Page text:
Growth and change are typically good things, although often not easy. As women, we know hormonal changes only too well. Having spent nigh onto forty years living with our bodies’ monthly fluctuations, we get to top that off by going through the “granny of ‘em all”—peri-menopause. As some have said, it’s like having PMS for five straight years!
And, the dramatic hormonal shifts of early menopause not only affect our bodies, they affect our brains as well. This period can be likened to a second adolescence as women find their thoughts and emotions riding a virtual rollercoaster of ups and downs. Actually, the maturation process at midlife demands soul-searching transformation and lots of it. Whether we like it or not, we all get to play Madonna and “re-invent” ourselves.
This hormonally charged drive to revolutionize our lives affects many of our relationships as roles within families, friendships, and careers can all begin to change dramatically. In truth, many women experience a shift away from caretaking others to taking care of their own drives, aspirations, and dreams. We return to focusing on ourSELVES as mature and fully formed women, apart from nurturing and caring for those around us.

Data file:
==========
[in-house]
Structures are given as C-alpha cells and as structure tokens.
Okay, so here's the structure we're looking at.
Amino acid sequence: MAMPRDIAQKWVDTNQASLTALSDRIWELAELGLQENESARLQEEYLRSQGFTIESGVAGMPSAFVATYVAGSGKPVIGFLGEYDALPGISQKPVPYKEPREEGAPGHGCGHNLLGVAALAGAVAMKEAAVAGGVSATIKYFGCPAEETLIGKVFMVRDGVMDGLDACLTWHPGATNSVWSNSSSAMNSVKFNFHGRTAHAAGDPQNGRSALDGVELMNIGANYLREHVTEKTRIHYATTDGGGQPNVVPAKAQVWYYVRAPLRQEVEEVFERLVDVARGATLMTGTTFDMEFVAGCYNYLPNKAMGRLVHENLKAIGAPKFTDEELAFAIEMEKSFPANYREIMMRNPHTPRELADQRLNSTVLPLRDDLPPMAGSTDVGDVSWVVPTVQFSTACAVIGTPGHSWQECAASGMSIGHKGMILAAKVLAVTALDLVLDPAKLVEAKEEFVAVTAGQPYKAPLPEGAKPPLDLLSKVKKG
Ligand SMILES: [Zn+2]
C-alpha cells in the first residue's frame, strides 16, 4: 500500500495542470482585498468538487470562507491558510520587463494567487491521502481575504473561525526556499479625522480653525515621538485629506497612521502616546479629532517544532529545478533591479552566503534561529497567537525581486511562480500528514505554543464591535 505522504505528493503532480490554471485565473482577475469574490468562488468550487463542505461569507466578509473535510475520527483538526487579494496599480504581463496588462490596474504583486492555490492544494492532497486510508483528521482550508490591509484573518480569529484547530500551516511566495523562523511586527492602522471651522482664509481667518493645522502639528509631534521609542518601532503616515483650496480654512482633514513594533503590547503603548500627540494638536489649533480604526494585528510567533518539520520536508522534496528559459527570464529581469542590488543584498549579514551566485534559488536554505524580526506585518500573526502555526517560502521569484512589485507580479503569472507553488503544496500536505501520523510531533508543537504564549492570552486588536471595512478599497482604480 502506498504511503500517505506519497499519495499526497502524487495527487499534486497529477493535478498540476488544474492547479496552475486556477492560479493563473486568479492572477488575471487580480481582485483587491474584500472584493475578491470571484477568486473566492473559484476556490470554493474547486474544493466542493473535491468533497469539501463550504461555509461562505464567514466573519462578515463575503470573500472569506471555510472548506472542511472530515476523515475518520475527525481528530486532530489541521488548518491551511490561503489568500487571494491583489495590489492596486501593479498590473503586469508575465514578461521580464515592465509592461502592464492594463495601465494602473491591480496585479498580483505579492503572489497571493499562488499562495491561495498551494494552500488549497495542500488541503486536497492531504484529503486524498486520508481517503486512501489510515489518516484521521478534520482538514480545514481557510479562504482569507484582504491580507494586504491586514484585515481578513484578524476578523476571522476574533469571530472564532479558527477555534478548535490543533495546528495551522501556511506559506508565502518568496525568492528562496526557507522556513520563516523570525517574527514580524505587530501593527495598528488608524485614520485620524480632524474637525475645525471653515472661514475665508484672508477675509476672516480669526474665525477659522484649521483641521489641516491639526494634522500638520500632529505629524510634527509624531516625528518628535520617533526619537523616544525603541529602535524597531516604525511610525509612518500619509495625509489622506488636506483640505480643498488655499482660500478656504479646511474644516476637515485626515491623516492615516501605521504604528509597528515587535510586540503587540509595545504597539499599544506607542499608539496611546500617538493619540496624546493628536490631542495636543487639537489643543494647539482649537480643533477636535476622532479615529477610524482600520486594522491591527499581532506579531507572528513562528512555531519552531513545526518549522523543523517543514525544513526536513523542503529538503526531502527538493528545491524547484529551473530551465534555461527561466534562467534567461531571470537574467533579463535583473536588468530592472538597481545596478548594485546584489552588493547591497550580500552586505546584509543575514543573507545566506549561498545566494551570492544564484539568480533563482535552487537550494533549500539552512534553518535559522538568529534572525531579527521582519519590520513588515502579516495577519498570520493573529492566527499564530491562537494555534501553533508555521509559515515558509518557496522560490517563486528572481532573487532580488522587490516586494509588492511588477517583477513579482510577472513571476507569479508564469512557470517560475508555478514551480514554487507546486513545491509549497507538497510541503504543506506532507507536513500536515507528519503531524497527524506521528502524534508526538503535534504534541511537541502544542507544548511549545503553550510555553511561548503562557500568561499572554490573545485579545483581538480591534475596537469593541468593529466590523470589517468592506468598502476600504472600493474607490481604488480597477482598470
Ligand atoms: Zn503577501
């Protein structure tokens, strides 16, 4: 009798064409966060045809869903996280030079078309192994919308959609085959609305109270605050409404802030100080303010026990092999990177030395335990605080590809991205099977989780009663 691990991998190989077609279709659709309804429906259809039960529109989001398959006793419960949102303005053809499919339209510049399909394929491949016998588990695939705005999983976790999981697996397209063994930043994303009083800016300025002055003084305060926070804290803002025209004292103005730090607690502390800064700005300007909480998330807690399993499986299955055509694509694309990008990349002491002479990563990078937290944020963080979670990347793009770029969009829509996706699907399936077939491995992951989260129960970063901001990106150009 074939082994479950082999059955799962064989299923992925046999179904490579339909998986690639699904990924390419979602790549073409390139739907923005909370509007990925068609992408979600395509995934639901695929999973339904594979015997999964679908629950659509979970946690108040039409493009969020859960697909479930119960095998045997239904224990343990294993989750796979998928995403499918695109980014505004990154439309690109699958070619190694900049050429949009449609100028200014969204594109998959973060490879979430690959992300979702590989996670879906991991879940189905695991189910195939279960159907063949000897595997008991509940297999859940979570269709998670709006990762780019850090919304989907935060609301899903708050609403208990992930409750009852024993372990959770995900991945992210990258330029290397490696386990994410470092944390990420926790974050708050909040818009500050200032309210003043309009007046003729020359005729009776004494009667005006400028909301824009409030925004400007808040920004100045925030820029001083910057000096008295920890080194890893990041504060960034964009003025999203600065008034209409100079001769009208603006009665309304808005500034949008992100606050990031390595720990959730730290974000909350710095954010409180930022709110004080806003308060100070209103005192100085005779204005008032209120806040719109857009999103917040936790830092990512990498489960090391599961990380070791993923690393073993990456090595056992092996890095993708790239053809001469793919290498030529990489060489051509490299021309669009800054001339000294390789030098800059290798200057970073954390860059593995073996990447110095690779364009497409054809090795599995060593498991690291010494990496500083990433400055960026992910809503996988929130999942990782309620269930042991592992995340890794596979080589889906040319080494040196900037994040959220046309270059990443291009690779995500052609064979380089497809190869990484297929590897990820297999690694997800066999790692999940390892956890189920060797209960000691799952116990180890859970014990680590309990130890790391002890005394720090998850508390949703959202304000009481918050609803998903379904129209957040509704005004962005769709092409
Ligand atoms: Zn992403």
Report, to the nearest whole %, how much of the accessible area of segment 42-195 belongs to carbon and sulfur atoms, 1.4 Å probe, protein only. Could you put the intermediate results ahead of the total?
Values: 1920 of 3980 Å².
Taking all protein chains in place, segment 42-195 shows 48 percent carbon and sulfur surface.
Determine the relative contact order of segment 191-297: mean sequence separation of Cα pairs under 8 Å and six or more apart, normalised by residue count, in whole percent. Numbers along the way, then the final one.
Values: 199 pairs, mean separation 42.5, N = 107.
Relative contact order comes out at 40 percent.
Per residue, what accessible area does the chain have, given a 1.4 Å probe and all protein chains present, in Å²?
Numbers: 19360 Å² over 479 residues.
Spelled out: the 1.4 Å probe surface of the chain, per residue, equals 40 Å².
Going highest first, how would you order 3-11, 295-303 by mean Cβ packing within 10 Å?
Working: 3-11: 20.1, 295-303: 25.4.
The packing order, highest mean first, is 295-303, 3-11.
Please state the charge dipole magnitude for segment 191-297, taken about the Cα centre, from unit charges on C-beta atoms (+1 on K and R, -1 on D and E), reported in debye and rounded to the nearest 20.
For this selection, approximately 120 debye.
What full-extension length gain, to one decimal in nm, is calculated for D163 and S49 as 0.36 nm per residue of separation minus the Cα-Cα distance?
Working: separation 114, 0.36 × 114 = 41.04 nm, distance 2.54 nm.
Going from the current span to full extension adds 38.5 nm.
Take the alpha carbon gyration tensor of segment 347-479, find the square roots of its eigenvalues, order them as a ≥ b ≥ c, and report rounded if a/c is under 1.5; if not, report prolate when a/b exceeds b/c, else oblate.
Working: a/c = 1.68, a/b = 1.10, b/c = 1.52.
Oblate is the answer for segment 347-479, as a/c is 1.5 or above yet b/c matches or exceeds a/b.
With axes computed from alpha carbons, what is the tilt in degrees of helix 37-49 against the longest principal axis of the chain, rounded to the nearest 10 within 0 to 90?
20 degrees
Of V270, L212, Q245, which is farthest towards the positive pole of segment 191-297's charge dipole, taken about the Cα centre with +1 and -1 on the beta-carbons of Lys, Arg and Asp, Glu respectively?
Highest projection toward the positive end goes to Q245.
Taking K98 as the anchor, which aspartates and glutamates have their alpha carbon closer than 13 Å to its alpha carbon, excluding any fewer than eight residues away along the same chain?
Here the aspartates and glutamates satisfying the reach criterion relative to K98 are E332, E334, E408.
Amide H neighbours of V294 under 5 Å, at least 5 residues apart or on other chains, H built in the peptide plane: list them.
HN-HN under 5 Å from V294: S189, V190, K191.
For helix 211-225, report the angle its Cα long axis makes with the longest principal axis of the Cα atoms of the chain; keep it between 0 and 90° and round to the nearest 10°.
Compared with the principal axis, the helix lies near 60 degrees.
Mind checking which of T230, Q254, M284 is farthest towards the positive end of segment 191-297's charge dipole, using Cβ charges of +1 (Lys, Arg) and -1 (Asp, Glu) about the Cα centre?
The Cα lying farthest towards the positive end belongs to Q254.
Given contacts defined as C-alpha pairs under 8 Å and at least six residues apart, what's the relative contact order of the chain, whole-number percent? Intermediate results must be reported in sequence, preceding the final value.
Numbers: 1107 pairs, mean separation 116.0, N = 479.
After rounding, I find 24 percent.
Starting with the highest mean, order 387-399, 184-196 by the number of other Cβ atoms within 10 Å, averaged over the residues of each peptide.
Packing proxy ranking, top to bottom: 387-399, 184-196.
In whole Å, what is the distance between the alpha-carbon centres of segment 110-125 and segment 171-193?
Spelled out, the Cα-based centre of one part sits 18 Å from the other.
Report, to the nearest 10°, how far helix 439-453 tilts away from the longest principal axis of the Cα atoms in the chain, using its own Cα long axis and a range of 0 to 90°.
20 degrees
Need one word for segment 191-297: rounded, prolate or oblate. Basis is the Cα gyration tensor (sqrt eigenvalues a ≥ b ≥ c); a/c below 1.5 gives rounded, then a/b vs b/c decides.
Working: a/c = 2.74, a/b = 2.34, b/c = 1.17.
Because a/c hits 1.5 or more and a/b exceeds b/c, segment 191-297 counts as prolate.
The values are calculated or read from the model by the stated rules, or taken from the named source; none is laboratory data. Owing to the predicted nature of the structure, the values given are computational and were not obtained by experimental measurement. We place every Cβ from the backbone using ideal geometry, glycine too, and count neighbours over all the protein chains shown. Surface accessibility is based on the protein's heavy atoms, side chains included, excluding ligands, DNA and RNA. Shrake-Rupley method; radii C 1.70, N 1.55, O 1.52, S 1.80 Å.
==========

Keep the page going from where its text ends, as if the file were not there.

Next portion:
Nonetheless, multiple transitions can also bring forth feelings of upset and upheaval as such major changes will likely create new ways of thinking and acting that can surprise even us. And, sometimes we could use a little help.
For those of you who are experiencing some of these feelings and who live in the San Francisco Bay Area, I’d like to invite you to attend a workshop I’m giving at John F. Kennedy University on Saturday, October 27th. The description reads for women between the ages of 50 and 65. However, the event is open to any women going through this period of re-evaluation and wish to share with a group of supportive, like-minded individuals.
We boomers have always been a special generation of women and we’re putting a whole new face onto the aging process. Sometimes a sense of sisterhood, a little understanding, and a bit of laughter can lift the spirits and get us heading in the direction of our dreams.Read Full Post | Make a Comment ( 1 so far )